Written by Nikki Henningham, The University of Melbourne, with the National Film and Sound Archive
In late 2013, Robin Bailey, a Brisbane commercial radio announcer with more than twenty years radio industry experience across Australia, congratulated Donna Puechmarin on her recent appointment as program director of Southern Cross Austereo's Sydney radio station 2Day FM. Responding to questions from the audience at the Commercial Radio Australia conference, Bailey reminded them that what this actually meant was that there was now one female program director in capital-city radio commercial FM, and only three female program directors in metropolitan commercial radio in total. 'That's appalling', she said. But what was really interesting was the follow-up comment from a male executive who said 'the great thing about Donna was she got the job despite her gender' (Bodey). Sadly, the industry is still over-populated by men who think women are ill-equipped to take leadership roles in radio, simply because they are women.
Majella Marsden, one of the three program directors to whom Bailey referred, believes the lack of women in commercial radio production and management is a consequence of the standard radio industry career progression. Triple M presenter Rachel Corbett refers to it as 'a bit of a boys' club'. On-air announcers ('jocks') become assistant production directors who then become production directors. Given that the medium has only recently got over the notion that listeners do not want to hear women on air, the changes will take a while to filter through. Indeed Marsden was the focus of controversy in 2001, when station management of Brisbane commercial station 4BC told Peter Dick, whose program she was producing, the she should not be heard on air. In that context, it was hard to progress in the industry. But things have improved, according to Bailey: 'I've been doing radio for nearly 25 years and I will tell you it is so much better than it used to be' (Bodey). And, indeed, there are now many more women on air, women are successful in sales and there is a female presence in management. Cathy O'Connor is CEO of DMG radio, which broadcasts as NOVA on FM radio around Australia.
The situation for women in public broadcasting, although lopsided, is not as dire, reflecting, perhaps, their important role in public broadcasting in the early years of the radio industry. From the first licensed 'wireless' broadcast in Australia (out of Sydney) on 23 November, 1923, women played an important role in establishing a burgeoning broadcast media industry during Australia's early years of radio. Radio had become a central domestic and social event in Australian society by the mid-1920s and the Australian Broadcasting Commission, the national broadcaster, was inaugurated on 1 July 1932 with twelve stations dispersed throughout Australia. Entire family groups would gather around a radio set for communal listening. Indeed, during the Great Depression, when many people could not afford radios, whole communities met together at centres like the Glebe Wireless House in Sydney.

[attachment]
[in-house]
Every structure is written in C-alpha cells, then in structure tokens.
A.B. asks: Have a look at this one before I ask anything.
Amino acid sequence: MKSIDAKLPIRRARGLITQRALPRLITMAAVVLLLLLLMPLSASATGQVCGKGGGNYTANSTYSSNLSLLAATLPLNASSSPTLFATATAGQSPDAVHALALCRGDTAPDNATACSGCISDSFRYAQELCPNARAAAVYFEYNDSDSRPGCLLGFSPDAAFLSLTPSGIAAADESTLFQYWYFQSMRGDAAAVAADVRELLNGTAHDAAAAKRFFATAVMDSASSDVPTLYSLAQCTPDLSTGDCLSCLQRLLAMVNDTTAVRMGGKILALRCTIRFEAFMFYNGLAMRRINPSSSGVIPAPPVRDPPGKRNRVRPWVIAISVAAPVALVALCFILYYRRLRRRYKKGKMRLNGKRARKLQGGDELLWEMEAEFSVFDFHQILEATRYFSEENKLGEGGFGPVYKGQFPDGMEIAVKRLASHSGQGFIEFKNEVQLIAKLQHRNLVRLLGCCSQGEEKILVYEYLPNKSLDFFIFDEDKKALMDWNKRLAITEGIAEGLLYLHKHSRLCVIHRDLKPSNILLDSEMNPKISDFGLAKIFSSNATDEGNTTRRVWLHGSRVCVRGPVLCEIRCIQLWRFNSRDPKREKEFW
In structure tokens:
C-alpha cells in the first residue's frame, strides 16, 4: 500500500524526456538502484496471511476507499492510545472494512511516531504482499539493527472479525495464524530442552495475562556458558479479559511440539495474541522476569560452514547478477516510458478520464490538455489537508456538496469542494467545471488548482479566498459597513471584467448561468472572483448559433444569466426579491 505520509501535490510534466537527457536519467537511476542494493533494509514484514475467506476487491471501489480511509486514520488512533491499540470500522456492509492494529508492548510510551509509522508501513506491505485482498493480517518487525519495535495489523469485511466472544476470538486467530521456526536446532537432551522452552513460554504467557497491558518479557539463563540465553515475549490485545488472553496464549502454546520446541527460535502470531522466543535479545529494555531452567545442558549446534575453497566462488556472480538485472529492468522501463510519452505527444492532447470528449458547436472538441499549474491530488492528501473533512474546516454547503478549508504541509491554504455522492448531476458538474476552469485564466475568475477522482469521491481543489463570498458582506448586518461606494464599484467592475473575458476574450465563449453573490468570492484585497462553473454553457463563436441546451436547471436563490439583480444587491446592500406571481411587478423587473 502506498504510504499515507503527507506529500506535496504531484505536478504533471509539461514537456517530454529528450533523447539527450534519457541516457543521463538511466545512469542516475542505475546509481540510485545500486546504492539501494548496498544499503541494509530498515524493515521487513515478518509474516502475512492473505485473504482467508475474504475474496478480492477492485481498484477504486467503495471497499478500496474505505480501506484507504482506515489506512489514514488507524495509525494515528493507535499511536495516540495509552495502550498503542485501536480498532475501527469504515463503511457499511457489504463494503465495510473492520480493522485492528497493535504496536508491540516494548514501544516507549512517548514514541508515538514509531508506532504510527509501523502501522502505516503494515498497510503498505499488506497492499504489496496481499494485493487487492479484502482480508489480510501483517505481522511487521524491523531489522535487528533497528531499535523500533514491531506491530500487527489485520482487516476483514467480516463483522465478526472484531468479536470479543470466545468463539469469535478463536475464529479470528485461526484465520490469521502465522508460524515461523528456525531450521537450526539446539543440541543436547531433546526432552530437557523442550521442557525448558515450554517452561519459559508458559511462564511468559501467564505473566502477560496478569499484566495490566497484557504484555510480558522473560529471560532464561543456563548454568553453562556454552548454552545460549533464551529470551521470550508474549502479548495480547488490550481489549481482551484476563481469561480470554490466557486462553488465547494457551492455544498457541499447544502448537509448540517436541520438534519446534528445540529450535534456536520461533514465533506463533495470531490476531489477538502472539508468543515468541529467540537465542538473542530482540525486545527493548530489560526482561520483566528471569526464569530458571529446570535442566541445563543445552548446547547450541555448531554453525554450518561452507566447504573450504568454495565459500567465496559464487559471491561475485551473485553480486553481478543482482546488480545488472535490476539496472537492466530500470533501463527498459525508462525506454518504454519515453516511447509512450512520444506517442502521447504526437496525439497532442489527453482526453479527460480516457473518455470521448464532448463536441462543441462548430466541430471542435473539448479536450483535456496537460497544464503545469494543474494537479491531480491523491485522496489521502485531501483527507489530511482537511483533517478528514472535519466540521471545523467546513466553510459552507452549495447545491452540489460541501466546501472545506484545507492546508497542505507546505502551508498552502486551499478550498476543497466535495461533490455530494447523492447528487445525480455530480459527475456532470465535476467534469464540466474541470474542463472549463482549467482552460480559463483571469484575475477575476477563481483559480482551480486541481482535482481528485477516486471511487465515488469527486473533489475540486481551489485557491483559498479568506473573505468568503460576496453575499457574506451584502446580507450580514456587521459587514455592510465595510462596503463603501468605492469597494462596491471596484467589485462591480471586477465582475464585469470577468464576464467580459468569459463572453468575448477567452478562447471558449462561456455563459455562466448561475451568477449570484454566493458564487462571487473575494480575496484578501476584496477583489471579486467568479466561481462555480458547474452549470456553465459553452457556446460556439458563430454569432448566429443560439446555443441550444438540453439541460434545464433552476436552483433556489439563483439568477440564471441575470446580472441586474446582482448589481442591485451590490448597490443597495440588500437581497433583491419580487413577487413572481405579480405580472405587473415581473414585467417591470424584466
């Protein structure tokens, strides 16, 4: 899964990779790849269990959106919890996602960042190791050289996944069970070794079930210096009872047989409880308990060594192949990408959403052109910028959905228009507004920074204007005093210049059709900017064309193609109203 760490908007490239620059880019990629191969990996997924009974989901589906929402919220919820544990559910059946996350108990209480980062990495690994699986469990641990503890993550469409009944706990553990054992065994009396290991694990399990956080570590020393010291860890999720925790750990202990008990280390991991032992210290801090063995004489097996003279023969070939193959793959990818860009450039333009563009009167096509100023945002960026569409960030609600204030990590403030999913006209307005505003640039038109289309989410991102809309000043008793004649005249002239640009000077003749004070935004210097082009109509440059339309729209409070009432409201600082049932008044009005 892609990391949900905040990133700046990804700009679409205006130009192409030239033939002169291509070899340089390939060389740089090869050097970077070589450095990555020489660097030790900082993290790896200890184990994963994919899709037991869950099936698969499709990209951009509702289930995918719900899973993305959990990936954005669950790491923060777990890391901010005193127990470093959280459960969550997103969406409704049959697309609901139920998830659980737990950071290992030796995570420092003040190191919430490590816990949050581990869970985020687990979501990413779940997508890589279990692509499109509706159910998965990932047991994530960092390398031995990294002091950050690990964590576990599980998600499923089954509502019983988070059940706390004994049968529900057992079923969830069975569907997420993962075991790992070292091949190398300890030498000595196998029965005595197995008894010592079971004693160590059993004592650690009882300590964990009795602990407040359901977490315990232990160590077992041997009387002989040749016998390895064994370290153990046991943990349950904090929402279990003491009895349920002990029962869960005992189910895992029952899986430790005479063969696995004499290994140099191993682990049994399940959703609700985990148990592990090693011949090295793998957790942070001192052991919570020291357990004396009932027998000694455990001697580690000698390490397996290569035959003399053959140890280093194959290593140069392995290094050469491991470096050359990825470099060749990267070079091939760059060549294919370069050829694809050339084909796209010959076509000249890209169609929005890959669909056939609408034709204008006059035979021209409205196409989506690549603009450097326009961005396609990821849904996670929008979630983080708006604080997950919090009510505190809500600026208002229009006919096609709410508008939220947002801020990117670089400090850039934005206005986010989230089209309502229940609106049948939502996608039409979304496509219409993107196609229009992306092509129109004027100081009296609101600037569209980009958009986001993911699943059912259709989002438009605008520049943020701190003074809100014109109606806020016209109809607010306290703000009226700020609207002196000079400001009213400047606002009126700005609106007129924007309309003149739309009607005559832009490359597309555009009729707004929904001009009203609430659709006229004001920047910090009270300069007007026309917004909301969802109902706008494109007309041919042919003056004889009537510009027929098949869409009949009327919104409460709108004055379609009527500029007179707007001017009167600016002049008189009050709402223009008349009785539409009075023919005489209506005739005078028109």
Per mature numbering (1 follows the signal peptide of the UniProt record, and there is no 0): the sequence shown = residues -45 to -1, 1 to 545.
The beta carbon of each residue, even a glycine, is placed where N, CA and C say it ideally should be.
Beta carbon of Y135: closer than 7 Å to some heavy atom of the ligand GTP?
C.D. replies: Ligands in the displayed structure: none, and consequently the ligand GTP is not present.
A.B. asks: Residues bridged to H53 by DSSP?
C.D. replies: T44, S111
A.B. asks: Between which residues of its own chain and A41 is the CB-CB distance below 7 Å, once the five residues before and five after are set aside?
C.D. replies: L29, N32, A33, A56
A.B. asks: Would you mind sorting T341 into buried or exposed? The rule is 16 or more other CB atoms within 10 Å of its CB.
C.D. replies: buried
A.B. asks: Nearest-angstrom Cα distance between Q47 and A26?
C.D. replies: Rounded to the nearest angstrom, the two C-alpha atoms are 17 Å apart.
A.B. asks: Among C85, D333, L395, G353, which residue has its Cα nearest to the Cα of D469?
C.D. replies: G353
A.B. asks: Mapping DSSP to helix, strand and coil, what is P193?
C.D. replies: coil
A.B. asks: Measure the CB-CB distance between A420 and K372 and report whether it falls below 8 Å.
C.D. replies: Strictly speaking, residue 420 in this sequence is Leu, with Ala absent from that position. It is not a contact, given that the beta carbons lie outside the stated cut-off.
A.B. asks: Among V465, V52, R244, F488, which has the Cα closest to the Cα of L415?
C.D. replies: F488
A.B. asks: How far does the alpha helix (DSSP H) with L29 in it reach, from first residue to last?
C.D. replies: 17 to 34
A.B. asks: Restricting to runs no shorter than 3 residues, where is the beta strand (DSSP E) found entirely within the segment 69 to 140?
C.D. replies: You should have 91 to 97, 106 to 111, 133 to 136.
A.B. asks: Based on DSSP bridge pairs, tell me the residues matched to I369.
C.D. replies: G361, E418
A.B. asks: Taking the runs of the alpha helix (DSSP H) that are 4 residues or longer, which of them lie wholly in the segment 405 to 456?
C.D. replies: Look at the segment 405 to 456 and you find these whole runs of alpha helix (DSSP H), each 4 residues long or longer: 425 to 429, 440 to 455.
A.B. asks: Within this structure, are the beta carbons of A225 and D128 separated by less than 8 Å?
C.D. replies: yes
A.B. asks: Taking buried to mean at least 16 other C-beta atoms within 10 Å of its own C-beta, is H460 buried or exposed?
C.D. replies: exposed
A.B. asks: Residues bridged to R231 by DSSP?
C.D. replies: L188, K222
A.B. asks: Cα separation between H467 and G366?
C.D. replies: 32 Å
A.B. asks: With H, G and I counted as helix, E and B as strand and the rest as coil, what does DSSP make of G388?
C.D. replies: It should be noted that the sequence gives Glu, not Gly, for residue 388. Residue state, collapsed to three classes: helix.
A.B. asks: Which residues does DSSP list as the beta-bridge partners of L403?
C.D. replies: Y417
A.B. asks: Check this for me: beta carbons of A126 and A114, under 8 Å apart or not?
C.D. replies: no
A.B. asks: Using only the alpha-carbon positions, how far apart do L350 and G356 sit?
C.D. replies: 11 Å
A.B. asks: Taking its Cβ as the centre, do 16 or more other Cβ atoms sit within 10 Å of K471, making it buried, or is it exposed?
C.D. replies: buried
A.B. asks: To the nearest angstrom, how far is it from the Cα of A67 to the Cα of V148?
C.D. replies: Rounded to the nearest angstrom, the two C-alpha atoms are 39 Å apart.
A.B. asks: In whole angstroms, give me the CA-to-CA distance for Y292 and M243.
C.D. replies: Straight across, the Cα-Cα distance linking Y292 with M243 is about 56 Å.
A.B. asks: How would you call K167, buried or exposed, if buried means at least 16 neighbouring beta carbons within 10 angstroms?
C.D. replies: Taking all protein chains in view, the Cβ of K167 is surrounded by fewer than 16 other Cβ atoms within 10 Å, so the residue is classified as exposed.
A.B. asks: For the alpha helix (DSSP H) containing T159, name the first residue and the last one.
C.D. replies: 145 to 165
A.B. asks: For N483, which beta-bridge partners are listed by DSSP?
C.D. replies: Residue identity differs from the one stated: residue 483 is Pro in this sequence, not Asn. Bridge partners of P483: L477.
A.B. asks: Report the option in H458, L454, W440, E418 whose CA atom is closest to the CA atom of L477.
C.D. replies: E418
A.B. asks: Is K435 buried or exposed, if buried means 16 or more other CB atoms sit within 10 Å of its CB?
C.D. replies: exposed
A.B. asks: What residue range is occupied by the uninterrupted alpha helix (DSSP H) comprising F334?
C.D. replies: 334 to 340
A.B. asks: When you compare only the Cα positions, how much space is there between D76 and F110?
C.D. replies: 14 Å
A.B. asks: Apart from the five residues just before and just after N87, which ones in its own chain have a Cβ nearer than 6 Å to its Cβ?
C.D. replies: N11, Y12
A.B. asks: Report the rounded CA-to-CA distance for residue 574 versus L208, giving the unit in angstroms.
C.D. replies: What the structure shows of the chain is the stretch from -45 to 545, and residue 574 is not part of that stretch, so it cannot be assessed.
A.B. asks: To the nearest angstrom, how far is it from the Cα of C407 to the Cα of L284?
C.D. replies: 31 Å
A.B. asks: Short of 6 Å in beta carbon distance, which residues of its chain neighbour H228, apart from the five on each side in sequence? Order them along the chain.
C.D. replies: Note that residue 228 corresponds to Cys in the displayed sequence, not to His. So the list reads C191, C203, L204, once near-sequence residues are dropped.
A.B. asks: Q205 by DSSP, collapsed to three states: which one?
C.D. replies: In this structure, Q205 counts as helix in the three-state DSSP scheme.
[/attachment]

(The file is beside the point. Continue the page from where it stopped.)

By the mid-1930s, women were on the air as announcers and were working in radio production. The radio became an essential household item, providing hours of background entertainment to housewives fulfilling their day-to-day duties. Some of the program slots were also taken up by women's organisations such as the Housewives Associations, the National Councils of Women and the United Associations of Women to provide serious information about national and international issues of significance to a female audience. Programs such as Women's Session and Banish Drudgery, created especially for the 'women's market', dominated morning slots, while long-running family dramas, like Blue Hills, were produced, directed, written and performed by women. These women were pioneers in media production techniques and were integral to the shaping of Australian cultural identity. During the years of World War II, many women joined the workforce as part of the 'all-in' war effort. By this time, women in Australian radio were contributing to the production of shows such as: Leave It to the Girls, Aunt Jenny's Real Life Stories, When a Girl Marries, and Portia Faces Life. These shows were key to boosting the morale of working women nation wide.
Women like Queenie Ashton (who starred in Gwen Meredith's Blue Hills (Heywood, AWR)), Grace Gibson (founder of Grace Gibson Radio Productions Pty Ltd (Henningham, AWAL)) and Dorothy Crawford (co-founder of Crawford Productions, radio announcer and radio/television producer) were key figures in the industry throughout the 1940s and 1950s. The National Film and Sound Archive special exhibition, Women and Radio, highlights the important role these and other trailblazing women played in establishing radio as an important domestic and social activity and a powerful and crucial information and communications medium.
National Film and Sound Archive
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